John and Yoko reconnected in 1974 at an Elton John concert at which Lennon was a guest performer. Back at home together, the couple set up an enclosed, all-encompassing domestic life. Remarkable for the 1970s, they switched gender roles. Yoko went to work every day managing their finances and various art and activism projects, while John stayed home and learned to bake bread, proudly referring to himself as a “House Husband.” They became the image of a romantic couple in perfect balance, synthesis, and harmony. They never seemed to tire of one another; in fact they seemed to dive deeper into the depths of their two- (and eventually, three-) person universe, reveling in its completeness. Their union was creative, supportive, self-contained, and self-sustaining, and allowed them (or perhaps forced them) to renounce the outside world almost entirely.


Since John and Yoko were not materialistic, their wealth didn’t entrench them in the material world, but freed them from it. Like Shiva and Parvati, the two married ascetics making love and practicing yoga in their house in the clouds, they were free to fully dive into and explore every detail of ideal romantic domestic partnership without the hassles of society.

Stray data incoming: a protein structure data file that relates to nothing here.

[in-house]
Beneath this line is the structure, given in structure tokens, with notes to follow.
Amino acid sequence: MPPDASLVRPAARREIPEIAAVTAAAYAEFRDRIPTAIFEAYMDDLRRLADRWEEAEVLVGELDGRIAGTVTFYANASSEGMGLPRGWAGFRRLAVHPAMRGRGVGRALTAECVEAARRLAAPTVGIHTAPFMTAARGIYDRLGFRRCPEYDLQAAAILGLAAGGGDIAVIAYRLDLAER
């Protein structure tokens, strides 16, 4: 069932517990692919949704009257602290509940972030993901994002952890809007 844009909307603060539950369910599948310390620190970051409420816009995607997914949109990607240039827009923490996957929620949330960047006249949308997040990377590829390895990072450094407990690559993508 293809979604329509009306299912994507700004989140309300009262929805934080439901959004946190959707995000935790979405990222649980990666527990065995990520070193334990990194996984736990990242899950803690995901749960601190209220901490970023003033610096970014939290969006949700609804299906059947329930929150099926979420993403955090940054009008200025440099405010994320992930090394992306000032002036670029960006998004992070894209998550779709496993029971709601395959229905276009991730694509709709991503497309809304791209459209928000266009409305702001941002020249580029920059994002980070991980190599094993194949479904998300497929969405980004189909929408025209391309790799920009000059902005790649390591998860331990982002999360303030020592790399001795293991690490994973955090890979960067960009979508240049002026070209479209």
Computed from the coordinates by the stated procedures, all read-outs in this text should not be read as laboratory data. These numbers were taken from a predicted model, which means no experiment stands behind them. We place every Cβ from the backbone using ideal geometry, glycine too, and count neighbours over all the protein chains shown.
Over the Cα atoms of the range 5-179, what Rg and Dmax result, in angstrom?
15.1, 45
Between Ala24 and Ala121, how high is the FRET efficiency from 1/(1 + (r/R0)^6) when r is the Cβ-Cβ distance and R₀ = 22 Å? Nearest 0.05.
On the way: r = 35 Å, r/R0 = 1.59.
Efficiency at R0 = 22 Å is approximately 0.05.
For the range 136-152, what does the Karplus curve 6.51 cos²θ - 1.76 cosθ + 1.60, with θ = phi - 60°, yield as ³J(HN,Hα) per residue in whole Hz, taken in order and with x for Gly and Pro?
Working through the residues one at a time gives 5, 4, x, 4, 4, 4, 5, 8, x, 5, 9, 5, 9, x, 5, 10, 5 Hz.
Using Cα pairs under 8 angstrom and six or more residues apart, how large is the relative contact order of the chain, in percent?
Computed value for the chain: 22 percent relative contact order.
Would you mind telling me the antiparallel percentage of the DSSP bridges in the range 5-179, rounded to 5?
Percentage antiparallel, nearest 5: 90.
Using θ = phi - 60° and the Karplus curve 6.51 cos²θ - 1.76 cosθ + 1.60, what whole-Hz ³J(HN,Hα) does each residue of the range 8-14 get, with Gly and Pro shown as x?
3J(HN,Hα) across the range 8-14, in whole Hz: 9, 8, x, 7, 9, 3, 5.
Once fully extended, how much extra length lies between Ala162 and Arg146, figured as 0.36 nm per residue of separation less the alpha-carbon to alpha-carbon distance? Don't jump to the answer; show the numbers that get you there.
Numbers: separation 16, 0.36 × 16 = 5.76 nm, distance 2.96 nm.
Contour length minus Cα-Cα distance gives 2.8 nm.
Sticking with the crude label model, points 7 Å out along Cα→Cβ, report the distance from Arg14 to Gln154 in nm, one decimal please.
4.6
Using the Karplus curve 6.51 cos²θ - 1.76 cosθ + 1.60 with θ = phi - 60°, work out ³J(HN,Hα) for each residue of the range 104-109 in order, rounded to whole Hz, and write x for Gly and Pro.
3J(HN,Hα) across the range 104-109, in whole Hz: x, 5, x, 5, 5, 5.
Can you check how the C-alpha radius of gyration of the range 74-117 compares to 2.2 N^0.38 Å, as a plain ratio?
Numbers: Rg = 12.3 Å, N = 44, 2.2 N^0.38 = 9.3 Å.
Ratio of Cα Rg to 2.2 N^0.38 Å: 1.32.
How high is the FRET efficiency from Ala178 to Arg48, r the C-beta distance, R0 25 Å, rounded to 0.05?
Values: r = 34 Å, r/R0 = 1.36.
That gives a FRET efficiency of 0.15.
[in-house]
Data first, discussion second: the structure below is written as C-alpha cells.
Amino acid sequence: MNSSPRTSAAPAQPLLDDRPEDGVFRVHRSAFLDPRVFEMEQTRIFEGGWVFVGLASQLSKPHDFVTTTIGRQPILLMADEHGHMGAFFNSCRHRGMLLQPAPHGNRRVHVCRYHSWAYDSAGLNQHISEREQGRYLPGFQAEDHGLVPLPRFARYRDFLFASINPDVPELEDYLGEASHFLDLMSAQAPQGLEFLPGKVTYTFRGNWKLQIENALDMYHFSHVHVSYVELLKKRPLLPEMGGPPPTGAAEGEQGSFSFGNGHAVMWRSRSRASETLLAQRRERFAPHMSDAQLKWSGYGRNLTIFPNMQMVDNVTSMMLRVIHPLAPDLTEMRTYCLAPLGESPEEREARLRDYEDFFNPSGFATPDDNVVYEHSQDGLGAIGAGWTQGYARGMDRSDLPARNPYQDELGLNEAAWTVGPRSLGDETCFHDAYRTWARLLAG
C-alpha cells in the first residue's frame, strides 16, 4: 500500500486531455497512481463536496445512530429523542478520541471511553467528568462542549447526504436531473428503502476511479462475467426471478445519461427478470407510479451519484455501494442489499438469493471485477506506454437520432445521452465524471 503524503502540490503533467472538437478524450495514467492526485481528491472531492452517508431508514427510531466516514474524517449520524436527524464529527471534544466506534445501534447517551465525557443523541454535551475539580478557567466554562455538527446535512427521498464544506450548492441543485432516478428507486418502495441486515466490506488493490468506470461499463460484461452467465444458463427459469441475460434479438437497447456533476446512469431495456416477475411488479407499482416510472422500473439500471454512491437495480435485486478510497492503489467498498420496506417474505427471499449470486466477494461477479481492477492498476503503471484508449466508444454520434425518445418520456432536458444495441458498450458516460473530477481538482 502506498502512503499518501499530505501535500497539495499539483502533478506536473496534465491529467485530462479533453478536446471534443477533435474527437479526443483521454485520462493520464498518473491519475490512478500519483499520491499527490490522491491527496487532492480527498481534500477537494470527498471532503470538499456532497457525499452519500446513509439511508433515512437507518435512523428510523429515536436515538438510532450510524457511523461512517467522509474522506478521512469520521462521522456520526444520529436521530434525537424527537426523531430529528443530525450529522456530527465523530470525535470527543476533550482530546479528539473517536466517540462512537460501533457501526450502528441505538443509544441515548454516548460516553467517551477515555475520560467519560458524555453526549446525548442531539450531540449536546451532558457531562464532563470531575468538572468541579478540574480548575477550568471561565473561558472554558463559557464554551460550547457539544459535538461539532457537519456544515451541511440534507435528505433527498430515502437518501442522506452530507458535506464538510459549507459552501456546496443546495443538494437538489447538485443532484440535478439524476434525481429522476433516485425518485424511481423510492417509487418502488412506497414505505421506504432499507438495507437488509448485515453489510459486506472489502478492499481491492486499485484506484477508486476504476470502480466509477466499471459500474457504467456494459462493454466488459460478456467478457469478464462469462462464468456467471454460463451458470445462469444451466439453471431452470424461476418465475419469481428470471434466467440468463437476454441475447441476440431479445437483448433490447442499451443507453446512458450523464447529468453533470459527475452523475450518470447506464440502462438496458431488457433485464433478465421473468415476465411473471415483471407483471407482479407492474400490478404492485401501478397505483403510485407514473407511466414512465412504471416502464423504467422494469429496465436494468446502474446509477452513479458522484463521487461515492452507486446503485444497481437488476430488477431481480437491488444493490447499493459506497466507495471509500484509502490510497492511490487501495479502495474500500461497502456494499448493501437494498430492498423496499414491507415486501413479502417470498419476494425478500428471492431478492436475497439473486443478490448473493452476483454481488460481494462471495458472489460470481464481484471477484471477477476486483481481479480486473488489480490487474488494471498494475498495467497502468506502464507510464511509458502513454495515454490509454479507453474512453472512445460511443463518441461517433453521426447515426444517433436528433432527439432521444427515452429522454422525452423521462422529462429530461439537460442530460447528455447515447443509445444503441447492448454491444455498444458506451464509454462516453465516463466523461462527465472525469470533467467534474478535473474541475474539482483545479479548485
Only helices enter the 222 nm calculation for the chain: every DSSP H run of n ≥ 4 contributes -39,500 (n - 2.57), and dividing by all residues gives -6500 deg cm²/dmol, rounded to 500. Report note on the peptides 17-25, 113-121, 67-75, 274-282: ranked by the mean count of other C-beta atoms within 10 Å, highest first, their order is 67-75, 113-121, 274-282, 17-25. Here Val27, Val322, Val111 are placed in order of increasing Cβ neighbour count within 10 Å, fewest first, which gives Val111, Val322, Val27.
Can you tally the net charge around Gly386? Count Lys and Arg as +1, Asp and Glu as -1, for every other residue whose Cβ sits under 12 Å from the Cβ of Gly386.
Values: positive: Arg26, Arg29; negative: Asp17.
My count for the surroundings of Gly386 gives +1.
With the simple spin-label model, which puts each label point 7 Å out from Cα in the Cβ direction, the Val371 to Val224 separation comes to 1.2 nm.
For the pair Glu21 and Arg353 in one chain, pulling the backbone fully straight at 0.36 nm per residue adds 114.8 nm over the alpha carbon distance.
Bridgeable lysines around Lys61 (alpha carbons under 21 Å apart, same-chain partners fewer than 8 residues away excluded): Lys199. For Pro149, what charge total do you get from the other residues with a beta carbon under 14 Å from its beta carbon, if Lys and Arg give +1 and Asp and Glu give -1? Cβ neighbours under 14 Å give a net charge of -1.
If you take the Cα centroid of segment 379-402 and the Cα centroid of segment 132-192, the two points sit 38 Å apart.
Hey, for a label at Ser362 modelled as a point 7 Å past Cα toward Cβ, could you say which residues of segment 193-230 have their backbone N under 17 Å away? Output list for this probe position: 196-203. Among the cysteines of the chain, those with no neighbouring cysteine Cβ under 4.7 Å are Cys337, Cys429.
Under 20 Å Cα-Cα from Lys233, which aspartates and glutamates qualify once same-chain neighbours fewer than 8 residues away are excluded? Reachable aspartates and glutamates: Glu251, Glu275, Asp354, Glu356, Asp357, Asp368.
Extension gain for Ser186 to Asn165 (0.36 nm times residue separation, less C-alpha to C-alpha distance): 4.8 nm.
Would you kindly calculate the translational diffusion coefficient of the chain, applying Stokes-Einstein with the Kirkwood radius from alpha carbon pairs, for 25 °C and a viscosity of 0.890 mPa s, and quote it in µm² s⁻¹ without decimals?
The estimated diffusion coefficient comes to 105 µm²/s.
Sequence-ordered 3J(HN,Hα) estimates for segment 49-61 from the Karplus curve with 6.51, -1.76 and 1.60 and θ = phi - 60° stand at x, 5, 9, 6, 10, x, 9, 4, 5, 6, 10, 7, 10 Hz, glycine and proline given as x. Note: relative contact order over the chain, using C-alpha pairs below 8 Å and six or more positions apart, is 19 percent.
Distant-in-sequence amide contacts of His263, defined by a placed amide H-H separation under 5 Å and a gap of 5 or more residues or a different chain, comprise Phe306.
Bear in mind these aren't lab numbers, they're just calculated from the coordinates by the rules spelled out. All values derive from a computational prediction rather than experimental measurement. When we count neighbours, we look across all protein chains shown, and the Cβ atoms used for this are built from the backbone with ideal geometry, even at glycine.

Their astronomical fame also served to liberate rather than shackle them. Our concept of fame is the abstract flipside to the material metaphor of fortune. Both are ways we measure the public’s perceived level of value around a given object, idea, or person. Because John and Yoko had both abandoned their selves to serve a higher cause (and existed in the material world in a completely fulfilled, self-sufficient, connected symbiosis), the normal egoic pitfalls of fame were avoided. Instead, they could selflessly use their celebrity, art, bodies, and love as vessels for greater understanding. They seemed to effortlessly embody the tenet “All You Need is Love.”